It was like the sun rose twice.
That’s only one of the reactions to the testing of the first nuclear bomb, the Trinity Test, on July 16, 1945, chronicled in a new book published by The History Press, The Manhattan Project Trinity Test – Witnessing the Bomb in New Mexico.
Author Elva Österreich, as former editor of El Defensor Chieftain, was already well acquainted with Socorro’s proximity to the Trinity Site on White Sands Missile Range but felt that a more human-oriented history deserved to be told. That she does with The Manhattan Project Trinity Test – Witnessing the Bomb in New Mexico, in both words and photographs.
Manhattan Project Trinity Test book cover
Over the last two years, Österreich documented remembrances and compiled statements from those who experienced the blast from both physicists at the site on White Sands Proving Grounds and residents living in Socorro, Lincoln and Dona Ana counties.
“This book is about experience – human remembered experience,” the author writes in the book’s introduction. “What that means is that it isn’t always going to fit into known facts. People remember and experience things differently. And to make matters worse, those memories get transmitted in second- and third-hand ways, sometimes to the point that they don’t even make sense.”
Hundreds of locals experienced it and knew something had happened.
“I wanted to get the words from people in the area,” she said in an interview with the Chieftain last week. “Something had happened and nobody was told what it was until after the bombs fell on Japan, ” she said. “In Socorro, I was talking to someone whose mom thought the world was ending, for instance.”
Österreich’s book includes personal accounts from diverse sources, from project physicists watching from a bunker 10 miles away to handwritten statements of witnesses in Tularosa, Carrizozo, Bingham, and Luis Lopez.
Flora Millfelt, watching from the banks of the Rio Grande near San Antonio remembered that “it looked like a ball of cotton. It was red.” Her father, who got wind of the test because the Army told him to move his cattle from a particular area of his Los Torriones ranch, had taken his family of 10 children down to the banks of the Rio Grande to watch.
“On my most recent out there to the Trinity Site, I was on a bus tour that the Museum of Space History in Alamogordo put together,” she said. “I ended up sitting next to a lady who remembered the blast and aftermath. She was in Bingham.”
Also in Bingham, postmaster Harold Dean was woken up by “the loudest bang I’ve ever heard.” He tried to go back to sleep, but eventually went outside and saw the mushroom cloud.
In Alamogordo, Flow “Belle” Di Risio recounted in 2000 that a few heads of Hereford cattle were put on display in the city park that “had gray blotches on them where the fallout had hit them, but they seemed no worse for the wear.”
In Luis Lopez, Joe Saavedra’s mother Rachel Montoya said “everything shook, and they thought it was the end of the world,” and “all of a sudden the animals start to drop, cows and sheep. They were stunned, I guess. That’s what my mom said.”
In Carrizozo, Joy Means remembered the beds bouncing and dishes and canned goods were breaking all over the kitchen, and her brother, who was home recuperating from battle wounds he received in The Philippines, was telling everyone to take cover, believing it was an enemy attack.
Another Carrizozo eyewitness talked about returning to the Trinity Site 10 years after the blast. It was still unfenced at the time and picking up pieces of trinitite, the glassy residue from the bomb at ground zero. “It amazes me that they didn’t know enough about to keep people away … They didn’t have any idea how dangerous it was … ” She believed that her cancer diagnosis in 1999 was linked to that trinitite.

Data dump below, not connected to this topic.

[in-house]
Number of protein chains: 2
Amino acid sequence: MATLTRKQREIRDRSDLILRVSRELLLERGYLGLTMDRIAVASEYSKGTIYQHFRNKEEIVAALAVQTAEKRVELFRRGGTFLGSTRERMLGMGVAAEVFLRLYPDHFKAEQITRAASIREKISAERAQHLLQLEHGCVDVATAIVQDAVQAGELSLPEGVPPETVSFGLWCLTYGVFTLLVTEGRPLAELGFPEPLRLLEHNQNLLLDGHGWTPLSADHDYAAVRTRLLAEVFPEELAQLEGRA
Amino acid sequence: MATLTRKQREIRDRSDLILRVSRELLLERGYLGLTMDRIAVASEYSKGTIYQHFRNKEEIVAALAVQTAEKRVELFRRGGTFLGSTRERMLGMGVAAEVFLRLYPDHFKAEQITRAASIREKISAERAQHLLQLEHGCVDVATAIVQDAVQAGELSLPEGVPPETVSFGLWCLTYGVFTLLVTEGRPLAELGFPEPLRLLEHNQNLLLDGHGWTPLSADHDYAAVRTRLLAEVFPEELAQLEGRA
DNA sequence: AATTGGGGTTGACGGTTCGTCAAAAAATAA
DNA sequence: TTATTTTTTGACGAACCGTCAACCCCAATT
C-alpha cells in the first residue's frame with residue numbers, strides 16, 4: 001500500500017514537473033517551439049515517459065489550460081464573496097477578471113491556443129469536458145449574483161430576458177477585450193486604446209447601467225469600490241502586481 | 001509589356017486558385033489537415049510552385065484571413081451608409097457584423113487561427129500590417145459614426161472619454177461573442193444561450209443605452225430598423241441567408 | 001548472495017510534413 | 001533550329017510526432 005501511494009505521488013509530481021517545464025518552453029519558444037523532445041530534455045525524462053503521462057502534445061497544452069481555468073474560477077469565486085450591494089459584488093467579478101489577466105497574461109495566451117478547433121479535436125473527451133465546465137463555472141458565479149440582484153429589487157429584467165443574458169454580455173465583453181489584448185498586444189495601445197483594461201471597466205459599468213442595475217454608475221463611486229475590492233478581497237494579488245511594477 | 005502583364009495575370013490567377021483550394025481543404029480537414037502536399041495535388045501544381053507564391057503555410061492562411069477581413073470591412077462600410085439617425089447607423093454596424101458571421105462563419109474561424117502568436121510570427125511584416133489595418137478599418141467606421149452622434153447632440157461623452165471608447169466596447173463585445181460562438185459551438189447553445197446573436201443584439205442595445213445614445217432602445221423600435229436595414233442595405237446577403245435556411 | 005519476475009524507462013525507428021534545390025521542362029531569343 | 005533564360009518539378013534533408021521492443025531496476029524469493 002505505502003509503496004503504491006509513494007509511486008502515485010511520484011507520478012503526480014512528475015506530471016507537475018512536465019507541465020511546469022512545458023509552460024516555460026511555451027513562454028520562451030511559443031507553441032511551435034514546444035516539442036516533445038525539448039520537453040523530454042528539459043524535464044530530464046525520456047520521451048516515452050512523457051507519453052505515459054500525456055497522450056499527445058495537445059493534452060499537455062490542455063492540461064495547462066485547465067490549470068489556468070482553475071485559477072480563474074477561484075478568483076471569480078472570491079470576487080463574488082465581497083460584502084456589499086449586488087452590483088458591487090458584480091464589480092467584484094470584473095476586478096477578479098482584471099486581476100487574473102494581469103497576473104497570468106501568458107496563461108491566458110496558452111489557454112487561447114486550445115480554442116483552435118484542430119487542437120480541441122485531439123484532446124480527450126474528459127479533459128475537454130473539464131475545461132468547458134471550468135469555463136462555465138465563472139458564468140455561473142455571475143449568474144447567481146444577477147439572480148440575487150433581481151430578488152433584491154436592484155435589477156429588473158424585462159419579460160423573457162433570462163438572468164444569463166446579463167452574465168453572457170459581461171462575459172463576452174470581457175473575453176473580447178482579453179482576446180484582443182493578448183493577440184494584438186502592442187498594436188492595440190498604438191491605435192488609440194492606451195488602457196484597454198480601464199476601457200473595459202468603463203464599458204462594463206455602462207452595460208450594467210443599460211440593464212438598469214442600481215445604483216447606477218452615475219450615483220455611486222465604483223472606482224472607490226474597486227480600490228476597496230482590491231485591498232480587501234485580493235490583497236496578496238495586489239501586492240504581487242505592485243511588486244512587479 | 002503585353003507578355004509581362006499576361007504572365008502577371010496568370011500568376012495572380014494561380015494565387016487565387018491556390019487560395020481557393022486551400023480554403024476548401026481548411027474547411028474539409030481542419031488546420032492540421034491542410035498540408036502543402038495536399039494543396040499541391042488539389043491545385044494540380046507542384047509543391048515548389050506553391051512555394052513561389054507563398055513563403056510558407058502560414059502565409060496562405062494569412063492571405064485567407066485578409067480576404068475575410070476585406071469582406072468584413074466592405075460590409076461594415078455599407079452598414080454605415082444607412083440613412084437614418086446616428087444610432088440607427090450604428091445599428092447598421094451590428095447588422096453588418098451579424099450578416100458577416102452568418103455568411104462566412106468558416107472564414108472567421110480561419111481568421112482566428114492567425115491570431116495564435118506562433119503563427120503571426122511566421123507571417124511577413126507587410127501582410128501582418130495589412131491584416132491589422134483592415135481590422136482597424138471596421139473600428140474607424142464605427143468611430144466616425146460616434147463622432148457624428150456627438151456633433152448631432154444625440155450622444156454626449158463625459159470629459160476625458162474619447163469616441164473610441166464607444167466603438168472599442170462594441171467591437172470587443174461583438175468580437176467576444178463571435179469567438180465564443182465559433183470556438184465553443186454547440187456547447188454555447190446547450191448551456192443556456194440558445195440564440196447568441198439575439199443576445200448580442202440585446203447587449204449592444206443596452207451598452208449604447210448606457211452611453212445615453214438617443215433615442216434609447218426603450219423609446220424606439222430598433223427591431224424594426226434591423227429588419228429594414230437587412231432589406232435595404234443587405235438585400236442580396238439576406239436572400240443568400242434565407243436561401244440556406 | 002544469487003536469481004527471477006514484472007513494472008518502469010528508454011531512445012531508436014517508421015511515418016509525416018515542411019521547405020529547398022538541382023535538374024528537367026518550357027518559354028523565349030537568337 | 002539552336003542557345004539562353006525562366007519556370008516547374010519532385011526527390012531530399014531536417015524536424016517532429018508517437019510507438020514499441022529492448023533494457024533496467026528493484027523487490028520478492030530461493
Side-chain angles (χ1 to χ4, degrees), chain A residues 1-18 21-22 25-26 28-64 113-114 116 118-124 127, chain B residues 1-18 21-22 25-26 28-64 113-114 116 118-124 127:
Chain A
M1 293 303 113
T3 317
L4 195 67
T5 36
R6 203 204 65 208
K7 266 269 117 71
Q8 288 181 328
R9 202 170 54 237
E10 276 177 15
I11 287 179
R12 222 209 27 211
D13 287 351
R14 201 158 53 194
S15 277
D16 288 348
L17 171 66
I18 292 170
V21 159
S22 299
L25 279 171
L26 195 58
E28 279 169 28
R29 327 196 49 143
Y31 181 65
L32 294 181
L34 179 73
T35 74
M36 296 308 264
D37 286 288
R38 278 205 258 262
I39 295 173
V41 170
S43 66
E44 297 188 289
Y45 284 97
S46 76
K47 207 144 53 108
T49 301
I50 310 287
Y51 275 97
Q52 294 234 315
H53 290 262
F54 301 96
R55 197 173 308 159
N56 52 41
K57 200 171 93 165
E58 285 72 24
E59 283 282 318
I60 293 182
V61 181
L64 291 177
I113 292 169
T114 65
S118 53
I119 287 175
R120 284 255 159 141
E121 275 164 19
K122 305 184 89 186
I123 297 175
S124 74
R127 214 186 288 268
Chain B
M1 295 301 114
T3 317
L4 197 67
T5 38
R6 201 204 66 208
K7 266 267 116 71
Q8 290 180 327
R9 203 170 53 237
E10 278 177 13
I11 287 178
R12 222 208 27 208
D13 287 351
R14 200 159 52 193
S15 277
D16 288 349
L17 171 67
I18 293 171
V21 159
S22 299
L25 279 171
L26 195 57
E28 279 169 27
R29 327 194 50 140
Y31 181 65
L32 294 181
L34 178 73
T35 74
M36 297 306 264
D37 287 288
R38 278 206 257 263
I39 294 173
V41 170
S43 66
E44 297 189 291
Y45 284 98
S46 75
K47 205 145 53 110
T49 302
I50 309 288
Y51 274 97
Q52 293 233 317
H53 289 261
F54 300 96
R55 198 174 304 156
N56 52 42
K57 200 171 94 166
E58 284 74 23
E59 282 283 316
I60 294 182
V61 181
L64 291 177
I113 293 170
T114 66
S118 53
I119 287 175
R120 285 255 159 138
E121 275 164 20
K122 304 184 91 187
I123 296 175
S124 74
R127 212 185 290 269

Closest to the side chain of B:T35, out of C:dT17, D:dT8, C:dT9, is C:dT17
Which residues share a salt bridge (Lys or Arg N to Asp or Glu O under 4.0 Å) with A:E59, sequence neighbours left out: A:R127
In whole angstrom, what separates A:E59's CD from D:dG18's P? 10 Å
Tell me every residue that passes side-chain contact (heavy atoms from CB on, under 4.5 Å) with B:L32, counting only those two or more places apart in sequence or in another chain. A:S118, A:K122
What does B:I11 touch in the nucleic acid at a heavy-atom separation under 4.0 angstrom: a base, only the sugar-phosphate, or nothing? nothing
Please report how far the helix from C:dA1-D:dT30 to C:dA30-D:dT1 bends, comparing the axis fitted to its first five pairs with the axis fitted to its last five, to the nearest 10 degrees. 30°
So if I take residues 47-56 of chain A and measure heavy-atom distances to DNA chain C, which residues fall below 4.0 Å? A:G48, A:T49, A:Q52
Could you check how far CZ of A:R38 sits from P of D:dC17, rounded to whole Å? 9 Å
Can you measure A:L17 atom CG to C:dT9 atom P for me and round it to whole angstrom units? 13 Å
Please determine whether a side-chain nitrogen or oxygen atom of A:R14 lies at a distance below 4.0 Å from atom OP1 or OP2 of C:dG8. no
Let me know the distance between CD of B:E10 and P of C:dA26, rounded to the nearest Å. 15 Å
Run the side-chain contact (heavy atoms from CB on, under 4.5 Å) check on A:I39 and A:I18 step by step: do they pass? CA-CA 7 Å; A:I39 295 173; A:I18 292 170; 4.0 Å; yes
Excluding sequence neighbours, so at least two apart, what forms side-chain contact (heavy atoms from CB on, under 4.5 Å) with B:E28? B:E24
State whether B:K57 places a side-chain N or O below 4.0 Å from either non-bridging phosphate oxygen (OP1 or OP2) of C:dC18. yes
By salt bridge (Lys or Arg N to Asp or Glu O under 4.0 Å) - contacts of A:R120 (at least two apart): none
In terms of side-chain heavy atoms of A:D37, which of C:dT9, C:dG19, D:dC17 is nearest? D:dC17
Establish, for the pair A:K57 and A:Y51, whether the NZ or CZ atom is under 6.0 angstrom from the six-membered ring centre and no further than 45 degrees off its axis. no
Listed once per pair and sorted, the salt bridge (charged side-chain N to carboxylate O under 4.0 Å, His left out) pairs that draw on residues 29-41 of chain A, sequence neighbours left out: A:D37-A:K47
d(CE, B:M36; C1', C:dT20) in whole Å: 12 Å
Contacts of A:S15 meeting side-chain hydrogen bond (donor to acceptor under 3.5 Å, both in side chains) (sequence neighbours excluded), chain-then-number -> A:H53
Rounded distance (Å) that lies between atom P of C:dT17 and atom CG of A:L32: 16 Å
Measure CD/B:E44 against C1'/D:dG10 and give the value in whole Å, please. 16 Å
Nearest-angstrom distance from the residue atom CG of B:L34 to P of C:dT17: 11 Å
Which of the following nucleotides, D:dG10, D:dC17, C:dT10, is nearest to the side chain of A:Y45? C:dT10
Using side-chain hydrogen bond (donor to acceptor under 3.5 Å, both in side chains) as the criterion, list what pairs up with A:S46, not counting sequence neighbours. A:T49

That contention concurs with Tularosa Basin Downwinders Consortium co-founder Tina Cordova who maintains that people in Socorro, Lincoln, Sierra, and Otero counties suffer far higher rates of cancer “…in some case six to eight times higher than the national average.” Osterreich devotes an entire chapter the Cordova’s research into the blast’s aftereffects.
Österreich said she was inspired to tackle the job of collecting these and other accounts while working at the Alamogordo Daily News.
“I love talking about it and listening to the stories from those who remembered it,” she said. “They were intriguing, and I kind of instigated the whole project at the newspaper.”
She started looking up all the old stories and talking to people who had memories of it. The book then began to take shape.
“I think it’s really important that it doesn’t disappear in people’s minds,” she said. “Like the first time down here in Las Cruces. I went to the public library to look for books on the event, to see what they had. They actually had very little.”
She said she asked the reference librarian to look it up and see what they had on it.
“She had no clue that this event took place here. At all,” Österreich said. ” I felt like, that’s ridiculous. You live in southern New Mexico for years and you don’t know that this is the place where the first atomic bomb went off. There’s something wrong. Something’s not getting to be maintained anymore.”
“I guess it’s important to understand,” Österreich said. “To have an understanding of where things come from. How things happen to be the way they are. And this is a big one.”
That’s why she became committed to writing the book and visiting numerous libraries, history museum archives, and oral history collectors.
“So much has been written about and there are so many directions you can go with it,” she said. “This is what I want to get across, what’s in the book, and stick with that. Otherwise, there are endless branches to the Manhattan Project story.”
The Manhattan Project Trinity Test – Witnessing the Bomb in New Mexico, is available in trade paperback and Kindle form at amazon.com.